One expects box-office fireworks whenever superstar Dileep and director Lal Jose unite, but the talented "Meesa Madhavan" duo has partially, only partially, succeeded in recreating the magic this time around.
If "Meesa Madhavan" was a microcosmic world in a rural setting, "Rasikan" tries to capture the same feel in a city slum.
All the ingredients including golden-hearted poor people, the deceiving rich, a treacherous beggar and an aspiring unemployed man are here as well, but the film is only an attempt at the mass entertainer its predecessor was.
The story of "Rasikan" revolves around Sivankutty (Dileep), a small-time guy who makes a living by doing petty jobs like sticking film posters and selling cinema tickets in black Nevertheless, he has been intelligently surrounded by a slew of characters and an entirely indigenous milieu by the scriptwriter and the director.
An ardent fan of megastar Mohanlal, Sivankutty is seen constantly seeking to establish the superhuman qualities of Mohanlal and at the same time take pot shots at the Mohanlals rival Mammootty.A major portion of the first half of the movie is rollickingly fast-paced and entertaining. But the film loses steam as we near the interval, and the climax, to put it mildly, is an utter disappointment.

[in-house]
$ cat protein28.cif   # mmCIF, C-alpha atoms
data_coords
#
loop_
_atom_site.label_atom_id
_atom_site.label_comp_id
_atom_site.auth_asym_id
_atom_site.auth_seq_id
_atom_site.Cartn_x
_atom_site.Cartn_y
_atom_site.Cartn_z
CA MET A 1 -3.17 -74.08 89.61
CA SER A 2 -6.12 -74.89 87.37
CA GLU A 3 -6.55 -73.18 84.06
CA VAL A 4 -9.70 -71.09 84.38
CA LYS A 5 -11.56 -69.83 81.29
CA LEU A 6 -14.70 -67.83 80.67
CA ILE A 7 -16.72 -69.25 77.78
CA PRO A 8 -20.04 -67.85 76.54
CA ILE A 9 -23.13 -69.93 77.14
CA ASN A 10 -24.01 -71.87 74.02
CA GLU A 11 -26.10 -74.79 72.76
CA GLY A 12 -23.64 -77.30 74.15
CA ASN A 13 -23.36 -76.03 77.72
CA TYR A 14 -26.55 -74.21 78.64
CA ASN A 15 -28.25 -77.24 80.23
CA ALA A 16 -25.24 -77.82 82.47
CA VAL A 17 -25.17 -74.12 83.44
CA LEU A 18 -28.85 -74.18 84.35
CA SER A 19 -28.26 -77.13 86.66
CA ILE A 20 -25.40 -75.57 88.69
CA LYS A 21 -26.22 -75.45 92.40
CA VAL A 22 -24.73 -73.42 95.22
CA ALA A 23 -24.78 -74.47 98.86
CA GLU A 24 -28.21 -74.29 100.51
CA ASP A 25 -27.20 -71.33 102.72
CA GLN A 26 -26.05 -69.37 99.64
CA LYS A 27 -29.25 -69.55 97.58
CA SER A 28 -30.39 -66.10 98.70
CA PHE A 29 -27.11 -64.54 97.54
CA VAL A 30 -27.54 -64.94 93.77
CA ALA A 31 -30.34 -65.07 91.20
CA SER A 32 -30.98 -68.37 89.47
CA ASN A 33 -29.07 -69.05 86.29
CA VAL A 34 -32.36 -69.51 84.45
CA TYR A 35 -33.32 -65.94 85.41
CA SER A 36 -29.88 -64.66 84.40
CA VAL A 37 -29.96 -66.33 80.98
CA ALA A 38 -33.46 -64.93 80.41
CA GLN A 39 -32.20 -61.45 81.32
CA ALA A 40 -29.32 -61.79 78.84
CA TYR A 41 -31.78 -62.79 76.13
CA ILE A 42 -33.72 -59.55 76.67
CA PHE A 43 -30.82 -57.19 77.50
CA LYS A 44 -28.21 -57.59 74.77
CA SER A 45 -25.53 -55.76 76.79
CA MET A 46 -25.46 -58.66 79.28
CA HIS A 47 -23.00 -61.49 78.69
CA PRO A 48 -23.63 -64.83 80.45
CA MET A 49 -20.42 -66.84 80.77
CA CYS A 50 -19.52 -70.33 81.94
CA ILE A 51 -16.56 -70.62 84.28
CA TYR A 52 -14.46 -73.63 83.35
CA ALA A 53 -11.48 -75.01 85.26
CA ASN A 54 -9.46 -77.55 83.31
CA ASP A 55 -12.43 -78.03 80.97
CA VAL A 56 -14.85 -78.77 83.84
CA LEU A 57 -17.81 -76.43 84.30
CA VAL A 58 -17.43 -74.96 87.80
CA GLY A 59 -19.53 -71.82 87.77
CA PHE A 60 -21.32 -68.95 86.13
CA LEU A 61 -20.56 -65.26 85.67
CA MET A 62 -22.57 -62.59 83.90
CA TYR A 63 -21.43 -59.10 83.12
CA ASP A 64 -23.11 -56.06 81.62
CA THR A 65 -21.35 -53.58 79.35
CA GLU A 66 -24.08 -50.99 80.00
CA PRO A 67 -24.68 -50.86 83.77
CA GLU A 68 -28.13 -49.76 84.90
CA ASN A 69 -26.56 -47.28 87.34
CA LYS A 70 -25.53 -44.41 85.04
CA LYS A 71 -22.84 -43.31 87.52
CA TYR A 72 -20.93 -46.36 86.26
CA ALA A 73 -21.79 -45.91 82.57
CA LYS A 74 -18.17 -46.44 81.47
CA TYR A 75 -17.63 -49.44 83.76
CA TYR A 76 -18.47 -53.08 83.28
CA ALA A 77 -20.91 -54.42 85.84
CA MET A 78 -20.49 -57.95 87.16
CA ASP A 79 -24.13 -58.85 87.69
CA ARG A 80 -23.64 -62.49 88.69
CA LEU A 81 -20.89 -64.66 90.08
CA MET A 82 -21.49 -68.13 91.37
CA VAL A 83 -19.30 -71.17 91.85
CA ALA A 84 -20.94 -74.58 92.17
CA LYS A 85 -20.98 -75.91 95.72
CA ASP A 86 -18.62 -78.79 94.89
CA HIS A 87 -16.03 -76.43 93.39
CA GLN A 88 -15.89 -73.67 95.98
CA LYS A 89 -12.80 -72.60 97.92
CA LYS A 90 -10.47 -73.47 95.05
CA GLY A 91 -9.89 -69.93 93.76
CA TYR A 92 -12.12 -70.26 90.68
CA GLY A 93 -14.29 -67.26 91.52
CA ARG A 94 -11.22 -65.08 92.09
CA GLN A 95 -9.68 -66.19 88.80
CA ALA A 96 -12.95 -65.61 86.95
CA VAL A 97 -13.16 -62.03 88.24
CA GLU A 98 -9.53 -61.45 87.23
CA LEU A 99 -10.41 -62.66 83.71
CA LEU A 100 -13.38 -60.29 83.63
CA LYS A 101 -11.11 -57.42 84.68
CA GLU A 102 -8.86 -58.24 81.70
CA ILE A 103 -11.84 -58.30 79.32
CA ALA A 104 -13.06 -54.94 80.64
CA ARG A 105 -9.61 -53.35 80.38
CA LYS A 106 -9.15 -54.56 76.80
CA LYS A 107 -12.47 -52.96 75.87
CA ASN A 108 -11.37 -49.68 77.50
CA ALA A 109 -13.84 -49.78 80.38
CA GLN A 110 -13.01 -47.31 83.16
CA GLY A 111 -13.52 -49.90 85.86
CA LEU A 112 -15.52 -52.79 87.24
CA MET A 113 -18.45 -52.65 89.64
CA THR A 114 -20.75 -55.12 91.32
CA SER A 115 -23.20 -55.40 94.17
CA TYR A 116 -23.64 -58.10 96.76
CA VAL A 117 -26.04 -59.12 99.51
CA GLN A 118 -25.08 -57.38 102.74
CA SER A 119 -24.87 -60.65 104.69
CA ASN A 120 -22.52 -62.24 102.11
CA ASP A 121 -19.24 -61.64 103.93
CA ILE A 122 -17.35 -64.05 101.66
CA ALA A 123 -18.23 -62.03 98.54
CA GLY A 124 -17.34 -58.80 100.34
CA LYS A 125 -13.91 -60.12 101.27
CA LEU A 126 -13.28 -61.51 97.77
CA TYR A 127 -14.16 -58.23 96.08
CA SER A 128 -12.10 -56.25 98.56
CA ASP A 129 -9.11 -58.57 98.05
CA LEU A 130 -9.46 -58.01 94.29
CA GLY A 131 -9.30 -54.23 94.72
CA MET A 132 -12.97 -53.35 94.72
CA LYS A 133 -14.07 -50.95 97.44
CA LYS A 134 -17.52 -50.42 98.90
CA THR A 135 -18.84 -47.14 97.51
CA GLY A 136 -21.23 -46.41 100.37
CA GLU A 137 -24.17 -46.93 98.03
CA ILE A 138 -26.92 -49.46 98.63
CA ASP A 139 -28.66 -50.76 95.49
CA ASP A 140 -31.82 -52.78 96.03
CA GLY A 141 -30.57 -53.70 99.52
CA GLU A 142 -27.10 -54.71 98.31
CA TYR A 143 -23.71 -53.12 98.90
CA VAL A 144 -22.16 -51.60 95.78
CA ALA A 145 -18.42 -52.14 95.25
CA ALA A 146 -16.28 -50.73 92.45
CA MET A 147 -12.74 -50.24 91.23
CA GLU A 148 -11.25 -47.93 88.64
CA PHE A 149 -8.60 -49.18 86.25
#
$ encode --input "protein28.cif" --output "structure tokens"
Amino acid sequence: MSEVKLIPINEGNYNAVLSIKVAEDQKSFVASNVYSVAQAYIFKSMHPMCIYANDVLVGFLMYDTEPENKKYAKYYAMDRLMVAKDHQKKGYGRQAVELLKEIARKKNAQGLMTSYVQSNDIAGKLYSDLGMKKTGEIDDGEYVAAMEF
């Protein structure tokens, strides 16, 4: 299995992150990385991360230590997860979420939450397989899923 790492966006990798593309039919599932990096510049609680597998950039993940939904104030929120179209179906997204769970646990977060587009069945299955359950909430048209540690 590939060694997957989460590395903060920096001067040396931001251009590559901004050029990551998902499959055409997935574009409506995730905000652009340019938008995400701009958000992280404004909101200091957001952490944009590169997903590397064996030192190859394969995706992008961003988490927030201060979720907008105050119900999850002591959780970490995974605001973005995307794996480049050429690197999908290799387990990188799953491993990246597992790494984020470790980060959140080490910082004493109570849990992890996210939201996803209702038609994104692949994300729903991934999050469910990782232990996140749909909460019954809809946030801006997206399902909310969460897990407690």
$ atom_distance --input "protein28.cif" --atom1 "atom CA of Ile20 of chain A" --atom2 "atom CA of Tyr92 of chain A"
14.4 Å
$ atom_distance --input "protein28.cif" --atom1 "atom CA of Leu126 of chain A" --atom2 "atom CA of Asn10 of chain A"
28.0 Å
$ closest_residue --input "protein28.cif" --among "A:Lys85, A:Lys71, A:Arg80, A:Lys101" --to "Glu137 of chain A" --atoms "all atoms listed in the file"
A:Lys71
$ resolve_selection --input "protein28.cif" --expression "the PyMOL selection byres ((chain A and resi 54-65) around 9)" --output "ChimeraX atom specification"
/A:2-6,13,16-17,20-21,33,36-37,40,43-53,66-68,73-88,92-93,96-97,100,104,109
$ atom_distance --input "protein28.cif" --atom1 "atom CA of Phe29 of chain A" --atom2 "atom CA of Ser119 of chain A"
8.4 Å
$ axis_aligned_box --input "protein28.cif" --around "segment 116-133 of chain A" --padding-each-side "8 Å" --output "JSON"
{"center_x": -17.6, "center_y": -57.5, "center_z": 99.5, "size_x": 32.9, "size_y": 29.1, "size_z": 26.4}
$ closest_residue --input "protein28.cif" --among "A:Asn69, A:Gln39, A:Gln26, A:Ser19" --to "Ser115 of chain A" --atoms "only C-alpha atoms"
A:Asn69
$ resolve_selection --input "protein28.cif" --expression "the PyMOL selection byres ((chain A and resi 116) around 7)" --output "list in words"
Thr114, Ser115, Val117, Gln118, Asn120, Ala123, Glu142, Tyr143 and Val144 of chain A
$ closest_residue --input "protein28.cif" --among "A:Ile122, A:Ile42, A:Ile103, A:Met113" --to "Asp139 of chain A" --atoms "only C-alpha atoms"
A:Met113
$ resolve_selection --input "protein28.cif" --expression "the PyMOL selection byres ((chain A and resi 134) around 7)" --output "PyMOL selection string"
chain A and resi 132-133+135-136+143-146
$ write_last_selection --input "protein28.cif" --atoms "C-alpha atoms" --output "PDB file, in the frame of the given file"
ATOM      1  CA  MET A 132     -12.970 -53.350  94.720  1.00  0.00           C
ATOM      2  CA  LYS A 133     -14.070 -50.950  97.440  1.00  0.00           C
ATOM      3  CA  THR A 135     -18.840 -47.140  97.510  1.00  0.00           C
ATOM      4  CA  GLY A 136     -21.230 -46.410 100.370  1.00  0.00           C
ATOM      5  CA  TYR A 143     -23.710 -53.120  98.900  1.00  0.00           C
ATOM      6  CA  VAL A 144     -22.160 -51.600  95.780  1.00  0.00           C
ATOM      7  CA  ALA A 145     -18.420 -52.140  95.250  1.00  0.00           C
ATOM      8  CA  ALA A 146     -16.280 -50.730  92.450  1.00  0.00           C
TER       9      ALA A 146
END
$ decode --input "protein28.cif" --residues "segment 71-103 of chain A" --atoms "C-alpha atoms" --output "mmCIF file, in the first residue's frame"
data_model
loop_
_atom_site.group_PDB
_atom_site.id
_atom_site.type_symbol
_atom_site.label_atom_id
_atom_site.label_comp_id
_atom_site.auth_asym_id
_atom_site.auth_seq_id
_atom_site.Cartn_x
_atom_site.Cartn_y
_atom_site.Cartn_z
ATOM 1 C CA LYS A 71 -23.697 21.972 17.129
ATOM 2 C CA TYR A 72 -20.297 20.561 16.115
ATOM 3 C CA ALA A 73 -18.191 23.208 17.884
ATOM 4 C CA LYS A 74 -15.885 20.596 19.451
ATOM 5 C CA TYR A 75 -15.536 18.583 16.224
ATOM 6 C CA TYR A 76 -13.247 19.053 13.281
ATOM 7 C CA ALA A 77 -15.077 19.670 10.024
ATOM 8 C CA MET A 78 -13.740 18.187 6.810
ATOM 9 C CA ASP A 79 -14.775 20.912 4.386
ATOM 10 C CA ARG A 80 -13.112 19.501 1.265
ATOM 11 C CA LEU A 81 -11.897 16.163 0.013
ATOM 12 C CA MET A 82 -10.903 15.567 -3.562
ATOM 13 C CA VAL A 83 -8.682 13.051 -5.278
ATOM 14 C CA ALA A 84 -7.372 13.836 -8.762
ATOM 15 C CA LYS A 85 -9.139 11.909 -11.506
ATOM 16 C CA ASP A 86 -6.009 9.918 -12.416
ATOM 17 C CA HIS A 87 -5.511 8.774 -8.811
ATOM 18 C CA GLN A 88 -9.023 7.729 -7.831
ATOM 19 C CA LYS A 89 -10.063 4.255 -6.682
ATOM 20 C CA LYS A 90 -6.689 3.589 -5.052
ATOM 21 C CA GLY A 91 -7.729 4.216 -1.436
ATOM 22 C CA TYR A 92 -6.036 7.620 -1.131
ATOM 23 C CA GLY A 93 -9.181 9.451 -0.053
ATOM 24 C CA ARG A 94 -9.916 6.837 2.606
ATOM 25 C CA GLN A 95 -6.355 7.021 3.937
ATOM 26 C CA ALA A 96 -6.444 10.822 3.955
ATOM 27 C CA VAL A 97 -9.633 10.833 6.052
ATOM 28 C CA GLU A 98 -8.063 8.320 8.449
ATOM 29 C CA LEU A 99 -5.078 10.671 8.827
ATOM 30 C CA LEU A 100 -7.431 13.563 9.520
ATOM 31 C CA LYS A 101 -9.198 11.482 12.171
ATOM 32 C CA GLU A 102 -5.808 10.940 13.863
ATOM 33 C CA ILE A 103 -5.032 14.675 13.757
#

Dileep gives a credible performance, his cropped hairstyle and stubble giving him the looks of a genuine simpleton with a strong physique.He receives strong support from two new leading ladies, Samvratha Sunil and Haripriya. And Siddharth, shown as a well-wisher and friend, is noteworthy. But the same cannot be said about veteran Sukumari who was wasted in a typical mothers role. So was Biju Menon who was cast as a stereotypical police inspector.Journalist-turned-scriptwriter V.G. Murlikrishnan (son of actor Gopi) tried something novel by making his story about a film buff, but he was not able to avoid the potholes of predictability in his maiden endeavour.The music by Vidyasagar does not rise above the average.